The seizure off Panama of a North Korean ship suspected of carrying weapons is a symptom of a vital barter trade that Pyongyang has managed to keep largely hidden, a Stockholm-based expert said Wednesday.

It is significant that the seized items, believed to be missile parts, were concealed in a cargo of Cuban sugar, according to Hugh Griffiths, a specialist on illicit trade at the Stockholm Peace Research Institute.

It is likely to be an example of a barter trade of unknown magnitude in which North Korea offers repair of military equipment in return for basic food stuffs despite UN sanctions against Pyongyang, said Griffiths.

"Most of it slips under the radar. Attention focuses on North Korea's ballistic missile capabilities and its nuclear capabilities, but most of its foreign trade is actually in conventional arms with a small group of countries," he said.

In the past these trading partners have included such countries as Myanmar, Eritrea and Yemen, which are not quite as isolated as North Korea, but are poverty-stricken and tend to be run as some form of dictatorship, he said.

"Within this context they need to trade, and North Korea has the technicians that can handle machinery both on the civilian and military side, so it's a natural match in many ways," he said.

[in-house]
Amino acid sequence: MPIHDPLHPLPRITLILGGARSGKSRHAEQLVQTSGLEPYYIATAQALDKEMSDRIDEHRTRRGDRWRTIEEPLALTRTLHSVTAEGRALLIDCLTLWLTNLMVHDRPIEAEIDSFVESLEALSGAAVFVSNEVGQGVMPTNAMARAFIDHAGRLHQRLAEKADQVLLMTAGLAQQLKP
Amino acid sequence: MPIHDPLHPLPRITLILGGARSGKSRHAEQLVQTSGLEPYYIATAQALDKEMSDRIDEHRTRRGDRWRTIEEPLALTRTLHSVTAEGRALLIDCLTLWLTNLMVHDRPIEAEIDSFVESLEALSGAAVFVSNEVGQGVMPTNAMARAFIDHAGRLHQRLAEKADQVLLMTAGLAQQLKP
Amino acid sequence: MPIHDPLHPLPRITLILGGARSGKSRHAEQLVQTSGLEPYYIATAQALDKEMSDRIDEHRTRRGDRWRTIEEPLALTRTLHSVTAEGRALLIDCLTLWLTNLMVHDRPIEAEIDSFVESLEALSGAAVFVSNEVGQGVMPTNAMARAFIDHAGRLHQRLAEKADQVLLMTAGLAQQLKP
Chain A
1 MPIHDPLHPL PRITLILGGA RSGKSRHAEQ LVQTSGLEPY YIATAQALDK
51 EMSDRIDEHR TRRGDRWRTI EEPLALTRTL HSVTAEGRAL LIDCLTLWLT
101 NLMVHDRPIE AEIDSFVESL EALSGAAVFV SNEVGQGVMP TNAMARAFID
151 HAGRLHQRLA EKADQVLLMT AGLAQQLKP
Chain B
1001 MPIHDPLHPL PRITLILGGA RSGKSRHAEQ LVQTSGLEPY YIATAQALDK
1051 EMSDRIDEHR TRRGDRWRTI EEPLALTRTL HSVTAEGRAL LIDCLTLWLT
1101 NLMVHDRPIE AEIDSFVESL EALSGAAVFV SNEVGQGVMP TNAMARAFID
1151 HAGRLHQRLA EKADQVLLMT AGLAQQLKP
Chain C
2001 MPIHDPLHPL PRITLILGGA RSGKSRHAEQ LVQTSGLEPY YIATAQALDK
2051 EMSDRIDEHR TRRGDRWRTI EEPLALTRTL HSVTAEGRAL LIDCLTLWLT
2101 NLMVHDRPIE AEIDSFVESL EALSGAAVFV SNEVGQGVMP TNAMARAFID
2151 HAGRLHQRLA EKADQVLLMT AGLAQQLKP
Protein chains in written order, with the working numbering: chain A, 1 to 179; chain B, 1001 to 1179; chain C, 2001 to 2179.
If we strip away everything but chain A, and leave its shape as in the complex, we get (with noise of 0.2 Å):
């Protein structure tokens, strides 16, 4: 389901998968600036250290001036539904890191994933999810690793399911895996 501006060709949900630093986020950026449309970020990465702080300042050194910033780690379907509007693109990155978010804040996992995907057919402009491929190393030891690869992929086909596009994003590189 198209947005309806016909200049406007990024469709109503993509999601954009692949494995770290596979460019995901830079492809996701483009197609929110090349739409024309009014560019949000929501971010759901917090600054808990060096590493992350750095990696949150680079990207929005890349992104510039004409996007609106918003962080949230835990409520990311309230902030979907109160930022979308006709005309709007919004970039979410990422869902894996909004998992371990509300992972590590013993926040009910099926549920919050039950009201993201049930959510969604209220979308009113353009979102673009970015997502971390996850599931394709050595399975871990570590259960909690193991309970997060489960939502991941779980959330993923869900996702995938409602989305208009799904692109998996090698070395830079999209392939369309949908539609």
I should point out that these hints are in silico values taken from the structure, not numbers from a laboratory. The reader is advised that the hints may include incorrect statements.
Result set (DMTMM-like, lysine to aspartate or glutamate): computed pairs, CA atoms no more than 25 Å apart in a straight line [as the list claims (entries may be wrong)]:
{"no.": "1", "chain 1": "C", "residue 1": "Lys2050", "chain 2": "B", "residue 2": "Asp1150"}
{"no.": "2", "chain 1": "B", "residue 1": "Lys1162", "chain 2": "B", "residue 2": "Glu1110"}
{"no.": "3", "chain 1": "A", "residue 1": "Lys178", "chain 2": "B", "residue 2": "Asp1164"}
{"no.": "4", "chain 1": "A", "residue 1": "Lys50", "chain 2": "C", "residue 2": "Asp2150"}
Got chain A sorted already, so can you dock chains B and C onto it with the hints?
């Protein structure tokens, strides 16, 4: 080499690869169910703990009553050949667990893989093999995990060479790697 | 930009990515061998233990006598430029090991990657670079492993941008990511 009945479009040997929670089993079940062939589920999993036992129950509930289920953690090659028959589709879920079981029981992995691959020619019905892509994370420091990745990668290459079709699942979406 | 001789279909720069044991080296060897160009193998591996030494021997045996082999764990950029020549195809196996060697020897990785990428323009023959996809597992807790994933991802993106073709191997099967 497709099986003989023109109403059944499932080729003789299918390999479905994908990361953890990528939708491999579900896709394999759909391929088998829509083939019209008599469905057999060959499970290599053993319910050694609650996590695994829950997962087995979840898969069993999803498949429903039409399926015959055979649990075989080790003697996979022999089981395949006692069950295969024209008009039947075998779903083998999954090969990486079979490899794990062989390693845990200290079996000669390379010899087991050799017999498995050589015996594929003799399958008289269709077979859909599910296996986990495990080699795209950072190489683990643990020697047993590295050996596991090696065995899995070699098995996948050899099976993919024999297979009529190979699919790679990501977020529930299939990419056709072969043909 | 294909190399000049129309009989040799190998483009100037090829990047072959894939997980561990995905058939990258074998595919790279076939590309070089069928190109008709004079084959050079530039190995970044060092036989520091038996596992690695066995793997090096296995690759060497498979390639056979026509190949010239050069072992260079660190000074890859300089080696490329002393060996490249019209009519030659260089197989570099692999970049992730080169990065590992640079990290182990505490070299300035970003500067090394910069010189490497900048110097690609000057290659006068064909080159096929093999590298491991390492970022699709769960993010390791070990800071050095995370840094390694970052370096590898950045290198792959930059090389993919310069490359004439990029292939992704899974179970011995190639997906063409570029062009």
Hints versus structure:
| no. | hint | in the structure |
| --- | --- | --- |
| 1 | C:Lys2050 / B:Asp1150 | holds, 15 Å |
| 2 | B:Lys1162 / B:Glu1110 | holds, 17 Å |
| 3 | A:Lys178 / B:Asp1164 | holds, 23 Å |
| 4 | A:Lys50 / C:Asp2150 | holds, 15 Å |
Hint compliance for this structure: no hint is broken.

He described North Korea as "a very highly militarised society, for whom the main export is conventional military equipment with very little else to offer".

North Korea has become adept at disguising this trade, often transporting the items in containers carried by respectable shipping companies that have no idea what is actually inside, he said.

"It's very anonymous and hard to identify. Globalisation and containerisation have made trade easier but also made trafficking easier," he said.

Giving an exact figure for the extent of the trade is impossible, as North Korea is one of the world's least transparent countries, and barter trade leaves no financial tracks anyway, according to Griffiths.

"The North Koreans used to be secretive, but now they are secretive for an even better reason than before," he said.

The best way to stop the practice is to improve information sharing and cooperation among UN member states in order to implement sanctions in a more meaningful manner, he said, adding that it might be tough to get all on the same page.

"We previously did a study commissioned by the UN Sanctions Committee on air transport to and from North Korea over the past eight years, so we sent out a great number of questionnaires to states to get their traffic data. We didn't receive any replies from quite a number of key states," he said.

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